Melander, L., & Arvidsson, A. P. (2020). Getting innovations out of interactions in the public procurement context. Journal of Business & Industrial Marketing, 35(12), 2051-2065.
Melander, L., & Pazirandeh, A. (2019). Collaboration beyond the supply network for green innovation: insight from 11 cases. Supply Chain Management: An International Journal.
Narasimhan, R., & Narayanan, S. (2013). Perspectives on Supply Network–Enabled Innovations. Journal of Supply Chain Management, 49(4), 27-42.
Neessen, P. C., Caniëls, M. C., Vos, B., & de Jong, J. P. (2021). How and when do purchasers successfully contribute to the implementation of circular purchasing: A comparative case-study. Journal of Purchasing and Supply Management, 27(3), 100669.
Phelps, C. C. (2010). A longitudinal study of the influence of alliance network structure and composition on firm exploratory innovation. Academy of Management Journal, 53(4), 890-913.
Picaud-Bello, K., Johnsen, T., Calvi, R. and Giannakis, M. (2019), Exploring early purchasing involvement in discontinuous innovation: A dynamic capability perspective. Journal of Purchasing and Supply Management, 25 (4), 100555.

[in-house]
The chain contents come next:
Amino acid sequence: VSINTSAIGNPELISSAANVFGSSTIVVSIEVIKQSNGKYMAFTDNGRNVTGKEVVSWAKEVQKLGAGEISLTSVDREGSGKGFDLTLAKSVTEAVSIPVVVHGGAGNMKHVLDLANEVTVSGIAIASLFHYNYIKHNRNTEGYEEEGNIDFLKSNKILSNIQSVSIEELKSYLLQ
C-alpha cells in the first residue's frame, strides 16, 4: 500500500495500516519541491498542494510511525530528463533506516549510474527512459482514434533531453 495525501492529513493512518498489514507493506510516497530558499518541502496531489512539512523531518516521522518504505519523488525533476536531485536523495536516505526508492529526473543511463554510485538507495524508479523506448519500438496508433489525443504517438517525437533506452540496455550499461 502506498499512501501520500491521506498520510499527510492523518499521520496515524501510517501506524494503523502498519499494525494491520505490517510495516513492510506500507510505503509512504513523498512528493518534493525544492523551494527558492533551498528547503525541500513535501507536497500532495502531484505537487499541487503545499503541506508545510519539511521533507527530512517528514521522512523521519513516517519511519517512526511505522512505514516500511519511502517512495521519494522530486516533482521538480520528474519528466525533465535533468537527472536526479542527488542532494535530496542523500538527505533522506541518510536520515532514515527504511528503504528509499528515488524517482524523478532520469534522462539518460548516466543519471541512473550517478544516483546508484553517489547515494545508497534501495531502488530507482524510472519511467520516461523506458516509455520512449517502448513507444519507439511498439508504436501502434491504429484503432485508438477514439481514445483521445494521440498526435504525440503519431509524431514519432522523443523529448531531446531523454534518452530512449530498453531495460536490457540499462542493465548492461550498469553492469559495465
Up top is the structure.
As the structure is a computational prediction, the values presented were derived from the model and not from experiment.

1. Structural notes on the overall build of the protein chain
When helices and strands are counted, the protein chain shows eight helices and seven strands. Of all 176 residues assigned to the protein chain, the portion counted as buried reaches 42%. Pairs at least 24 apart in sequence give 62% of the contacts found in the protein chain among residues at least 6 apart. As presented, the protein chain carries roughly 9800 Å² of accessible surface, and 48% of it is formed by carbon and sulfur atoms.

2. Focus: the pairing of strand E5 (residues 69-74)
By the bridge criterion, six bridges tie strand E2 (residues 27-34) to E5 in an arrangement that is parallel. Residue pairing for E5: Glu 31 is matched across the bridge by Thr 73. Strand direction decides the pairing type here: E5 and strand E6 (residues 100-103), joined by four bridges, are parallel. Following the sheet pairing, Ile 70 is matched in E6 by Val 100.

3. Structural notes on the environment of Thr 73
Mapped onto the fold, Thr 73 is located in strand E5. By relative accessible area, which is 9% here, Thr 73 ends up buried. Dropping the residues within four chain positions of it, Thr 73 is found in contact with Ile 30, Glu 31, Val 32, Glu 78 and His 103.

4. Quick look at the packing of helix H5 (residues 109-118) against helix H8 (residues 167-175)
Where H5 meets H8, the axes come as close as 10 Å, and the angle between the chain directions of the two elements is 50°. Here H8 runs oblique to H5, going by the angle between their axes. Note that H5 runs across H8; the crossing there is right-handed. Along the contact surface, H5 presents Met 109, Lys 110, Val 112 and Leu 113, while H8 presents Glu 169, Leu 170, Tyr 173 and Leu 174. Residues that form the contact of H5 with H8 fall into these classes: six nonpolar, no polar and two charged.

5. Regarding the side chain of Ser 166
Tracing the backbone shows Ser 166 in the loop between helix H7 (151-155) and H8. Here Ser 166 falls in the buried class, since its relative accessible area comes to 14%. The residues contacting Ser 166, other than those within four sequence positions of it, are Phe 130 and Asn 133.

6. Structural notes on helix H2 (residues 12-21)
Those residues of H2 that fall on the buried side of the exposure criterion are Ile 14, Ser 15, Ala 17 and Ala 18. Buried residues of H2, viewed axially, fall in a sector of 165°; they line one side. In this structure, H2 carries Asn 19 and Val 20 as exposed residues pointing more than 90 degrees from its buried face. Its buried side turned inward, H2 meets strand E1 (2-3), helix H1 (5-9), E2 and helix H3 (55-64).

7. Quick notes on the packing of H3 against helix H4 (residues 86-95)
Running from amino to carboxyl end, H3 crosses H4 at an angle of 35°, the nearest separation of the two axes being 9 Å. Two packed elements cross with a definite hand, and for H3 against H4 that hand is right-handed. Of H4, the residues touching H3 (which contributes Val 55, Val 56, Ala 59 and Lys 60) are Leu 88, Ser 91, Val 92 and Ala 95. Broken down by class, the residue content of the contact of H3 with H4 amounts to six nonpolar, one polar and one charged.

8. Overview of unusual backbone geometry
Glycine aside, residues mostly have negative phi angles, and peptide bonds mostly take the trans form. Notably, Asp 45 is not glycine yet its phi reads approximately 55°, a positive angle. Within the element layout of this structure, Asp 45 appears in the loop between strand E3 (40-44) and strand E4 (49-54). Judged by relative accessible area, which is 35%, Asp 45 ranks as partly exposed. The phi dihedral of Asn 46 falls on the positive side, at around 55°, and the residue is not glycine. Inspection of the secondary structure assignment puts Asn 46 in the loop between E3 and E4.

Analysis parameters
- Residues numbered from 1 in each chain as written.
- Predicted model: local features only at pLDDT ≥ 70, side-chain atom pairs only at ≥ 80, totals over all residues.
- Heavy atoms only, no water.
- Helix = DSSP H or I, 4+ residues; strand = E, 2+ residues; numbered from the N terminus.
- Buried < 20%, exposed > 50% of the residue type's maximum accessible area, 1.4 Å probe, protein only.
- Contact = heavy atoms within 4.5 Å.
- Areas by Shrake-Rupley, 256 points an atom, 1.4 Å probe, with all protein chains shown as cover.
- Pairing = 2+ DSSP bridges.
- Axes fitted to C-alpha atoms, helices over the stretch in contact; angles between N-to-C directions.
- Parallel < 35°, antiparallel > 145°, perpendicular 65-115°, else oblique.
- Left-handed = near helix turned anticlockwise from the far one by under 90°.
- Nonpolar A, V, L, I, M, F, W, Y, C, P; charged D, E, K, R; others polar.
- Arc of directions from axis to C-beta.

Schiele, H., Calvi, R. and Gibbert, M. (2012). Customer attractiveness, supplier satisfaction and preferred customer status: Introduction, definitions and an overarching framework. Industrial Marketing Management, 41 (8), 1178–1185.
Usman, M. and Vanhaverbeke, W. (2017). How start-ups successfully organize and manage open innovation with large companies”, European Journal of Innovation Management, 20 (1), 171–186.
Wagner, S.M. (2021). Startups in the Supply Chain Ecosystem: An Organizing Framework and Research Opportunities. International Journal of Physical Distribution & Logistics Management, 51 (10), 1130-1157.
Yan, T., Choi, T.Y., Kim, Y., Yang, Y., 2015. A theory of the nexus supplier: A critical supplier from a network perspective. Journal of Supply Chain Management 51, 52-66.